By TOM BONE
Bluefield Daily Telegraph
The basketball coaches of Bluefield State College are hoping that an epidemic will engulf the campus and spill over into the surrounding community in the days leading up to Saturday, Oct. 19.
An epidemic of “Big Blue Madness,” that is.
An evening of free food and fun will take place at the Ned Shott Gym on the BSC campus, giving people a chance to meet the players and coaches, learn about their plans for the upcoming season — and pick up advice about responsible alcohol choices.
“We want to really kick-start the season and involve the community a great deal,” said women’s basketball head coach J.J. Oliver on Monday. “We want (people) to be excited about Bluefield State athletics and to understand that there is a reason for excitement around here.”
Men’s basketball coach Jamaal Jackson called it “a celebration of what’s to come.” He said, “This is an opportunity to get as many people as we can in here from the community to let them meet the guys who they’ll be watching play this season.”
Oliver said the BSC cheerleaders will also be taking part in the “madness.” A promotional flyer on campus promises door prizes, music and a dancing contest as well.
Keisha White, returning for her second year as Oliver’s assistant coach, and BSC athletic trainer Kerri Francis are spearheading the planning.
The gym doors will open at 5 p.m., with introductions about 5:30.
“Coach Oliver will have a couple of things to say, as well as Coach Jackson,” White said. “We’ll have lots of games. We’ll get our crowd and our fans involved.”
Plans call for children from the audience to compete in a jersey race, and for fans to take part in shooting contests and a “maze race.”
“We’ll have lots of prizes and free food there as well,” White said. “We plan to have a fun night, and a way to bring the community together.”
Players from the men’s and women’s teams will compete in a three-point-shooting contest.
White said that after the structured events, “Of course, the players and the coaches will be around for people if they want autographs, or just to talk to the players.”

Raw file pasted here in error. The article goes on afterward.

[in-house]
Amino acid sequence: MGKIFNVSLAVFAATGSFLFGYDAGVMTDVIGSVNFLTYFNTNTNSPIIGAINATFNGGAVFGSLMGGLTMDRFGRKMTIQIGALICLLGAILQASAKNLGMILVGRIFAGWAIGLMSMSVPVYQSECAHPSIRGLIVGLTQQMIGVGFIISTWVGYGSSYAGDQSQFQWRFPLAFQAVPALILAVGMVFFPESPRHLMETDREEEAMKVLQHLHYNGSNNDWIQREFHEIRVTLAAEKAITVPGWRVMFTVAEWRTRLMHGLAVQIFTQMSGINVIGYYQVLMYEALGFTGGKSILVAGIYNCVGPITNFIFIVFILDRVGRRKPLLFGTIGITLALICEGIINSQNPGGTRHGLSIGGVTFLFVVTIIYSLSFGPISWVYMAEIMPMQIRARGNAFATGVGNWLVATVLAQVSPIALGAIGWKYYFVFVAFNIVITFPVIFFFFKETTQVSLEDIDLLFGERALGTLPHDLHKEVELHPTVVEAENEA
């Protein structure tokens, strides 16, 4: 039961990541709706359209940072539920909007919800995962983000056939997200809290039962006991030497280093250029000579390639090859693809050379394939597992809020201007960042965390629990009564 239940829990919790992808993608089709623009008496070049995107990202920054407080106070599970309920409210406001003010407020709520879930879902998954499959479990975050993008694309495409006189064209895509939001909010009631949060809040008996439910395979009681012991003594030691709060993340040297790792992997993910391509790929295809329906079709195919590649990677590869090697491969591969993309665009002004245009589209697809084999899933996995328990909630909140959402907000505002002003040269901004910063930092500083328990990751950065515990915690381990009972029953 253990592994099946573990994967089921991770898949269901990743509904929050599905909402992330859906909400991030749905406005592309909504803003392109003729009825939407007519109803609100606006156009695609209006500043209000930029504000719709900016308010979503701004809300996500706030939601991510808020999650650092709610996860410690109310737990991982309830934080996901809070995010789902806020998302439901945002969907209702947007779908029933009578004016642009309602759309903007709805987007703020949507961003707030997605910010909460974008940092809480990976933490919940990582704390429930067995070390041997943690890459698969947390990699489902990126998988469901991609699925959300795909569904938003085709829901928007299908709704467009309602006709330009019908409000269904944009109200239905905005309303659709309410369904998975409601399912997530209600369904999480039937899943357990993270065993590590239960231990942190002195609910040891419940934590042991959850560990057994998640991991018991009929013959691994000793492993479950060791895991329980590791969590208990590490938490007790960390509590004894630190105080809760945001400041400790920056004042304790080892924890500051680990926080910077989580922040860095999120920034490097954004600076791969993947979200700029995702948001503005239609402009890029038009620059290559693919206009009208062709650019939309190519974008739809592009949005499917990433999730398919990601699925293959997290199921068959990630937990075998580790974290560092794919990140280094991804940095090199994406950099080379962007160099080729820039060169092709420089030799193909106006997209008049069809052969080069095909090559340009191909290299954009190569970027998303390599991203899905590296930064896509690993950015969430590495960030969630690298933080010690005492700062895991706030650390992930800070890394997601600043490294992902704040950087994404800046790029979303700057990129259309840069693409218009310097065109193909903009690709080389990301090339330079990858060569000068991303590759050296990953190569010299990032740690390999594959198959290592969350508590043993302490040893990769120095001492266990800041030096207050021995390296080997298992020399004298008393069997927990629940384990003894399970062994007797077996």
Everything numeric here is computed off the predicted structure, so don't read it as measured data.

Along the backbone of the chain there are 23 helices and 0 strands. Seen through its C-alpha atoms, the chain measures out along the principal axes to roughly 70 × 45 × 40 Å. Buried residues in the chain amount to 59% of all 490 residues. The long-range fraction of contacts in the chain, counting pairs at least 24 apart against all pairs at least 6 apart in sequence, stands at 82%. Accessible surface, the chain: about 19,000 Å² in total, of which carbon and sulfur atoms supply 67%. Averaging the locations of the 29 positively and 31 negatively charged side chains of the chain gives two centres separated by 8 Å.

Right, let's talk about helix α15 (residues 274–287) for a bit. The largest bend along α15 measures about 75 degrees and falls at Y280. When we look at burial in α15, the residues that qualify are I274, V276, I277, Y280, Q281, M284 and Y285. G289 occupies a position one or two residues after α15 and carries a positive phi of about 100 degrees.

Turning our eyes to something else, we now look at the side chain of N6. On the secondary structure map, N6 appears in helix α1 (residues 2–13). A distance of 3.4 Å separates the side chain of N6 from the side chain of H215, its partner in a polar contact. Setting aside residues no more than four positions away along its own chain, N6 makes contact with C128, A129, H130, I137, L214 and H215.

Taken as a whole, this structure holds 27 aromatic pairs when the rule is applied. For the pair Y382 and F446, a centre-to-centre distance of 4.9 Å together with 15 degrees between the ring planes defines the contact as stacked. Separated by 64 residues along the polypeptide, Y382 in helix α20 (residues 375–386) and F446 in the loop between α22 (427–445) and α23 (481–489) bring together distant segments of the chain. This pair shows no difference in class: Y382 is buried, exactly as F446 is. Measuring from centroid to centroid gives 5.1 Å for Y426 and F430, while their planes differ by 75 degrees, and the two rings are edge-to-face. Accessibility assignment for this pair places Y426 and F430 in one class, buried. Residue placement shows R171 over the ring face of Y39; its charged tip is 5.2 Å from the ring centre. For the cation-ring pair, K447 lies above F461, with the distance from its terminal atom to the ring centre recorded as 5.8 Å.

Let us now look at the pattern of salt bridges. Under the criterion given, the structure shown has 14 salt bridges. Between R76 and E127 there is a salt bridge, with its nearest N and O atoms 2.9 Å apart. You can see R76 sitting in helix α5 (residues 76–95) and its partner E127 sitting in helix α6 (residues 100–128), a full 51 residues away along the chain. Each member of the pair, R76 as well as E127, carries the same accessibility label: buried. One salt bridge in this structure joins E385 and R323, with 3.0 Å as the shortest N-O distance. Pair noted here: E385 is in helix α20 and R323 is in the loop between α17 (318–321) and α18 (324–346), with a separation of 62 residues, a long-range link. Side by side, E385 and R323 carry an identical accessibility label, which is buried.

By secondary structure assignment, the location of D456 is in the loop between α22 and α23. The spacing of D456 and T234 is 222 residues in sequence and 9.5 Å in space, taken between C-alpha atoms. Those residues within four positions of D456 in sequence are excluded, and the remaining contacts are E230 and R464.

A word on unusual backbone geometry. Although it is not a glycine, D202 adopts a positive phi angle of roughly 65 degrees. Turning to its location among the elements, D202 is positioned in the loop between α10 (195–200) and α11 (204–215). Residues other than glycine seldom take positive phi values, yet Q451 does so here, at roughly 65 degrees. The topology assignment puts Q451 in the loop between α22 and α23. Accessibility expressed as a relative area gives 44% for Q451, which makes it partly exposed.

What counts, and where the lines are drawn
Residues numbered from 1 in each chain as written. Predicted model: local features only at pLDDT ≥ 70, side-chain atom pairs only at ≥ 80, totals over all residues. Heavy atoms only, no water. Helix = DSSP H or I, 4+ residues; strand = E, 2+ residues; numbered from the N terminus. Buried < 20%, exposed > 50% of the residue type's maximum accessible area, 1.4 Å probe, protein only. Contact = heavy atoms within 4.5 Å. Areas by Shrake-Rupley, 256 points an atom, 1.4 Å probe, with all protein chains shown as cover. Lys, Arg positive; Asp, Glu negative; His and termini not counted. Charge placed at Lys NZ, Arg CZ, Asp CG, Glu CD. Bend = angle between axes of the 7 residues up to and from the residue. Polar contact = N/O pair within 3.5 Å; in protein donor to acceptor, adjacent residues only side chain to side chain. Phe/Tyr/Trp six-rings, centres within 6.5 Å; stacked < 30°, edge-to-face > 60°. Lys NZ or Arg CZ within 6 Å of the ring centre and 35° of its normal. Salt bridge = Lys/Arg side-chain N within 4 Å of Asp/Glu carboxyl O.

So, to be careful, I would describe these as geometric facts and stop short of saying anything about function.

Oliver said that White has been part of similar events in her time as a college athlete and as a coach.
“I think Coach White’s experience in having been a part of it, and bringing new ideas to the table has been an asset to us throughout the process,” he said.
Referring to White and Francis, he said, “Basically, these two have kind of taken the bull by the horns and have planned everything. I’m excited to be a part of it. These are two brilliant minds who’ve got some great things planned.”
Oliver added, “This is a joint effort between athletics and a new group we have on campus, the ACES group.”
Alcohol Choices Education for Students (ACES) was created through a grant to the college by the NCAA, “to try to give some alcohol education to our campus community as well as the community at large,” Oliver said.
“We certainly want to get the message out about making mature alcohol choices for our students and the public.” He said there are other events planned later in the school year.
Jackson said, “I tell my guys, ‘You’re athletes. You don’t want to put anything in your body that’s going to hurt you.’ But as far as the campus community as a whole (goes), the more education we can give college students on alcohol and the dangers of it, the better.”
Dr. Craver Jones at Bluefield State is in charge of administering the grant, Oliver said.
Oliver said, “We thought this would be a great ... opportunity to see student-athletes who have made choices, and continue to make choices day-to-day, and the benefits they receive from that.”
The evening will allow residents of Bluefield and the surrounding area to “break some bread with us and enjoy the entertainment, a little bit on the lighter side,” Oliver said. “We’re just really excited about it.”
Jackson said his players are “excited about it. They look to have fun. Personally, I’m more looking forward to beginning practice on the 15th.”
“We have a very strong nucleus of returners who came (back) knowing what to expect. It’s obvious they worked hard over the summer. Along with those returners are some newcomers who have helped us improve talent-wise.”
Jackson said that as a result of “Big Blue Madness,” people will “know the guys that they’re watching, when they have that kind of relationship that we’ll be able to build ... that will endear our guys to the community and endear the community to our players.”
In his two years in Bluefield, Jackson has already become fond of his new hometown.
“I tell people when I’m recruiting them ... you can come here and focus on your schoolwork and on your basketball. It’s a great place to spend four years,” he said.
“It’s very safe here. It’s just a good place to be — and, for me personally, it’s a great place to raise my children.”
— Contact Tom Bone at